Monthly Archives: October 2023

§  I would value your input here — please help educate me.  In more films than I can count, there is a scene in which a character is wronged or finds him/herself in a no-win situation, and the character responds (after a moment of seething) by trashing the room they are in, throwing objects against mirrors, sweeping figurines and framed photos onto the floor, and otherwise violently unleashing their negative energy onto their surrounds.

Items resting quietly on pianos and fireplace mantles are particularly vulnerable.

My question is: does any real person ever come close to doing this, or are such histrionics just a tired Hollywood trope?  Sure there have been times I’ve been frustrated and angry, but never (ever!) on such a destructive binge.  It make me think such episodes are over-represented in film, just like pre-meditated murders are, but I don’t have any data.  Do you think everyday people really act out their frustrations so forcefully ?  (You don’t have to answer personally.)

§  I have a problem with human noses and toes.  There are lots of beautiful things about the human body, but noses and toes aren’t among them.  Plastered here, pointed there, growing more curved and contorted as we age.  Consider noses, whose primary purpose seems to be to interfere with kissing — did noses really need to evolve that way to keep the bugs and rain out?  Or do downward-pointing nostrils serve more to hide our nose hairs?  

And take toes — please!  If toes are so important, why didn’t they take on a more elegant design?  What tenet of natural selection could justify their stubby appearance and their constant need of grooming?  And why do we need five of them?  (I am talking about toes per foot, not noses per face.  Thank God for that scant bit of evolutionary economy.)

Sometime soon, I will post a gallery at ART@CHC of my feet-and-toes photos, both real and statuesque, and I must say in advance that sculptors of feet have great imagination.

§  Not that it’s your problem — it never is! — but I can’t count the times I’ve thought of a knock-em-dead idea for a Thoughts@Large item, then opened my laptop to record it for our joint pleasure, only to lose the thought along the way.  As Mitch Hedberg said about the jokes that came to him in the middle of the night, “If the pen is too far away, I have to convince myself that what I thought of ain’t funny.”  Yep, same.  Except Mitch may have had higher standards.

§  On a more serious note, I would have liked to have been, at the very least, considered for the post of Speaker of the U.S. House of Representatives.  I would have been a natural for the position, given my political savvy and microwave skills.  So, when I heard that some Louisiana guy named Mike Johnson was elected, I was crushed.  Nearly cried (but didn’t — I’m a man).  I wasn’t even given the chance to drop out of the running first.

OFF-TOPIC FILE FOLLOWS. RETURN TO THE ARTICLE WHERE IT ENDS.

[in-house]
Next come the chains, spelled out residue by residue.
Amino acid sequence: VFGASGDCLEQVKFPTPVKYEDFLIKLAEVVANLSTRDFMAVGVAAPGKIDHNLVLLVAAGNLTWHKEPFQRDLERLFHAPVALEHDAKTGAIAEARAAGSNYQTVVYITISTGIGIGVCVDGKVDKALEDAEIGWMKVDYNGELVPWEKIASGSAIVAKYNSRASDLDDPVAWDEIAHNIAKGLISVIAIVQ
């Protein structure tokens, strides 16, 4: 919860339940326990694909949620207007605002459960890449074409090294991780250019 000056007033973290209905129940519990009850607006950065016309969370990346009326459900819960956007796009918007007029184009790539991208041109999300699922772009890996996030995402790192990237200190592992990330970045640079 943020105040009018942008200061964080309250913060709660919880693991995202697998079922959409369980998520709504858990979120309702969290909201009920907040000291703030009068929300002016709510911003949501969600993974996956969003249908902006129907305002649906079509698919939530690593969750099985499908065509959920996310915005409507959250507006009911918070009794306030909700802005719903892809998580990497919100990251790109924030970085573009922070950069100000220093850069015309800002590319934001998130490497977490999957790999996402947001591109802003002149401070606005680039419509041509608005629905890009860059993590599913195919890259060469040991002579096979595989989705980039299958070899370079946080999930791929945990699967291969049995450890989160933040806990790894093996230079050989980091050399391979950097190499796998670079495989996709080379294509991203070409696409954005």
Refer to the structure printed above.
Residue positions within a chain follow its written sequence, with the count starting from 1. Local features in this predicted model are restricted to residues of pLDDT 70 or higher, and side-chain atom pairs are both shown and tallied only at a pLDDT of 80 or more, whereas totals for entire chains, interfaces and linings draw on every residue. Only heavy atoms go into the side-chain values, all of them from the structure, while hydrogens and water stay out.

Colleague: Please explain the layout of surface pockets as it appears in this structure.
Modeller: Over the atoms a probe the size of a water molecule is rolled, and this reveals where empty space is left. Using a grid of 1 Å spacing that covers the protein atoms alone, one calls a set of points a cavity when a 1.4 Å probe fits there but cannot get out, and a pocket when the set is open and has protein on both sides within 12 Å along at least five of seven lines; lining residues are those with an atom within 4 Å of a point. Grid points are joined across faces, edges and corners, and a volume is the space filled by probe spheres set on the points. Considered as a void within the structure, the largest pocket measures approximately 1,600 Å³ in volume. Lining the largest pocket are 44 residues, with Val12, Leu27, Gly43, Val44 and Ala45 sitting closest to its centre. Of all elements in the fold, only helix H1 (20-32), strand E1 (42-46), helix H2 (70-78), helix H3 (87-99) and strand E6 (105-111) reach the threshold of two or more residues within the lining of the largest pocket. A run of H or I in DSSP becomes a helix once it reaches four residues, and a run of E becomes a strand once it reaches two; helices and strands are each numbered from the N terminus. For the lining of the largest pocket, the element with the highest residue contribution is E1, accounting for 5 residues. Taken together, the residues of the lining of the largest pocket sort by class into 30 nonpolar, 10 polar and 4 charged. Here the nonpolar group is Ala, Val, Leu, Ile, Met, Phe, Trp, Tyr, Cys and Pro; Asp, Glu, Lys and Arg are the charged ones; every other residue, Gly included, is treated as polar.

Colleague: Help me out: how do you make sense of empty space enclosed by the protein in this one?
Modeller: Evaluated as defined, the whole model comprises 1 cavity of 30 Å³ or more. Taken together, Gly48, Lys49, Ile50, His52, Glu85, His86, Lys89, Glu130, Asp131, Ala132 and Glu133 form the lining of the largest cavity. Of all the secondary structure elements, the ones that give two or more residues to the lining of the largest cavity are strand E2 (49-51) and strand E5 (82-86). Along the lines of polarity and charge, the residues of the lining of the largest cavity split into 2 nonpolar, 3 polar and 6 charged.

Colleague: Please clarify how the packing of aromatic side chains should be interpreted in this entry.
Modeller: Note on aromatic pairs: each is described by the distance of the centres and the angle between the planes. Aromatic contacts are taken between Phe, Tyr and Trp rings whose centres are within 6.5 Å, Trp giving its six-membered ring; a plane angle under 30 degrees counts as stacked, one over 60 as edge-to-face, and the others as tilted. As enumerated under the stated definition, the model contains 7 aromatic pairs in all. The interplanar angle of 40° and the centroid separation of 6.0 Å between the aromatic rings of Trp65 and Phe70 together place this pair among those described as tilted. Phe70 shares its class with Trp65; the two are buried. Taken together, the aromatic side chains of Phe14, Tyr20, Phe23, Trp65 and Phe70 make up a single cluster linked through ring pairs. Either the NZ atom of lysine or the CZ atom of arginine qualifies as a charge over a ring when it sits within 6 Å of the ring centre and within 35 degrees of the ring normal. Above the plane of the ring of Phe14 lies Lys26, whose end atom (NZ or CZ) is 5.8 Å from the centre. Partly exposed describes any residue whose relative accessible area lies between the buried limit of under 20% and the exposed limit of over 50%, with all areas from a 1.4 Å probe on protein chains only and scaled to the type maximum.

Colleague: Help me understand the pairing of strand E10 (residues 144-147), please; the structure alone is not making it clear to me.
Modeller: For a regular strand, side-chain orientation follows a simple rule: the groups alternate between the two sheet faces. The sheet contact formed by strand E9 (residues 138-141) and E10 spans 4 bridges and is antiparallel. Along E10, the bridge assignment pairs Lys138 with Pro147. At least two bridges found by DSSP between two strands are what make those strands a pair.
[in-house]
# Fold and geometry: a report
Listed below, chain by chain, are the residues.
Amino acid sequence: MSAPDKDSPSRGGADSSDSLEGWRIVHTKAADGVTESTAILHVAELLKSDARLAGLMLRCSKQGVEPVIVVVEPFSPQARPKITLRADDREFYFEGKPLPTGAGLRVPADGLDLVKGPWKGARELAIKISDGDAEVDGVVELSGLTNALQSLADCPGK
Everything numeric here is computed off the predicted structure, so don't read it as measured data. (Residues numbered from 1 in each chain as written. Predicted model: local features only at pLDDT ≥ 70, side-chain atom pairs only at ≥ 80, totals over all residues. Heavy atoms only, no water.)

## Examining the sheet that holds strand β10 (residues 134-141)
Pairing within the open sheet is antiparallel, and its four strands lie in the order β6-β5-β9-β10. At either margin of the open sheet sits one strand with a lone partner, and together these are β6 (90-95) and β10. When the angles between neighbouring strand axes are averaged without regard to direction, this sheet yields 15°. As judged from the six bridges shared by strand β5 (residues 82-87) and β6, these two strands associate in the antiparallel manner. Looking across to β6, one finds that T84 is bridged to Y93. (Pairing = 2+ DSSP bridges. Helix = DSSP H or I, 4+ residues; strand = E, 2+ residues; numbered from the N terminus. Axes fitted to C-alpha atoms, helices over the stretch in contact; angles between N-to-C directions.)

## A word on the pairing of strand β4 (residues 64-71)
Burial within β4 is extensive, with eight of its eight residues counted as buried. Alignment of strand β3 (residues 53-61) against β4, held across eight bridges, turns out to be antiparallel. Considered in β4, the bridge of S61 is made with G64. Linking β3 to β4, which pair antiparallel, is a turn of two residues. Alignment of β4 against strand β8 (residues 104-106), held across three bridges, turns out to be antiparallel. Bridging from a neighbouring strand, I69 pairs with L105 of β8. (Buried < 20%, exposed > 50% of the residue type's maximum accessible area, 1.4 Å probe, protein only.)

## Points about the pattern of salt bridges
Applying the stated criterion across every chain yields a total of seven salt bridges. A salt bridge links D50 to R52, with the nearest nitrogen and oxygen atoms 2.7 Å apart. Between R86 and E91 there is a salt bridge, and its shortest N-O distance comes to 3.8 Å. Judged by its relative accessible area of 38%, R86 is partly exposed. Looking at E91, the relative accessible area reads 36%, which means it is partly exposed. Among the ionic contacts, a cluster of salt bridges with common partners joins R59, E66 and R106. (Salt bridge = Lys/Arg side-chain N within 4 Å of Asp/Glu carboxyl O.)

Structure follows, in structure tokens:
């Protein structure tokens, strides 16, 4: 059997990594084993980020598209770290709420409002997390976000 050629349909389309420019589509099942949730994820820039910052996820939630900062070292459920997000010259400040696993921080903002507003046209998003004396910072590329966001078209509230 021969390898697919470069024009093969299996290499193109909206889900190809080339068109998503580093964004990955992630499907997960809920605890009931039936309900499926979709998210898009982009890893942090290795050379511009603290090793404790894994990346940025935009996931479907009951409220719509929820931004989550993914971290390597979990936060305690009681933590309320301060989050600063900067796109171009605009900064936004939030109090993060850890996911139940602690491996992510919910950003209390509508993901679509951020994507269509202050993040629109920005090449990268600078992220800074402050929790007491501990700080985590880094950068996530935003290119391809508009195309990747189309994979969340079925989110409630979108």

If this white guy from Louisiana had any cred at all, he should have been known as Wailin’ Mike Johnson or Jukin’ Mike Johnson and he should have his own line of hot sauce and a string of barbecue joints.  But just Mike Johnson?  C’mon dawg.

It was just last week that a Ohio man named James Daniel Jordan — after the 2oth book of the New Testament, and then after the lion’s den guy, and then after the river Jordan for good measure! — still wasn’t righteous enough for Republicans to elect him Speaker.  But then they turn around and pick James Michael Johnson, named after the very same book of the Bible, and then after the row-your-boat-ashore guy, and then after Walter Johnson, the iron-arm pitcher for the Washington Senators (1907-1927) who won the second-most games of anyone in baseball history.

It came as a surprise to me and many others, how the election of Speaker came down to how Congress felt about Johnsons.  But I guess it’s all about numbers: 189 of the 222 Republican House members have them.

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  • When I was 8, I wanted to be this guy...

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Credit:  New York Times, October 23, 2023

The wealth effect is even more evident when one takes into account that poorer students are less likely to take the SAT test.  The New York Times article points this out as well.

I’m guessing that my parents’ income rank was in the top 30-40% nationwide when I took my first SAT test 55 years ago.  They had me take the test three times; unfortunately, since my parents did not get richer, my test scores did not significantly improve.

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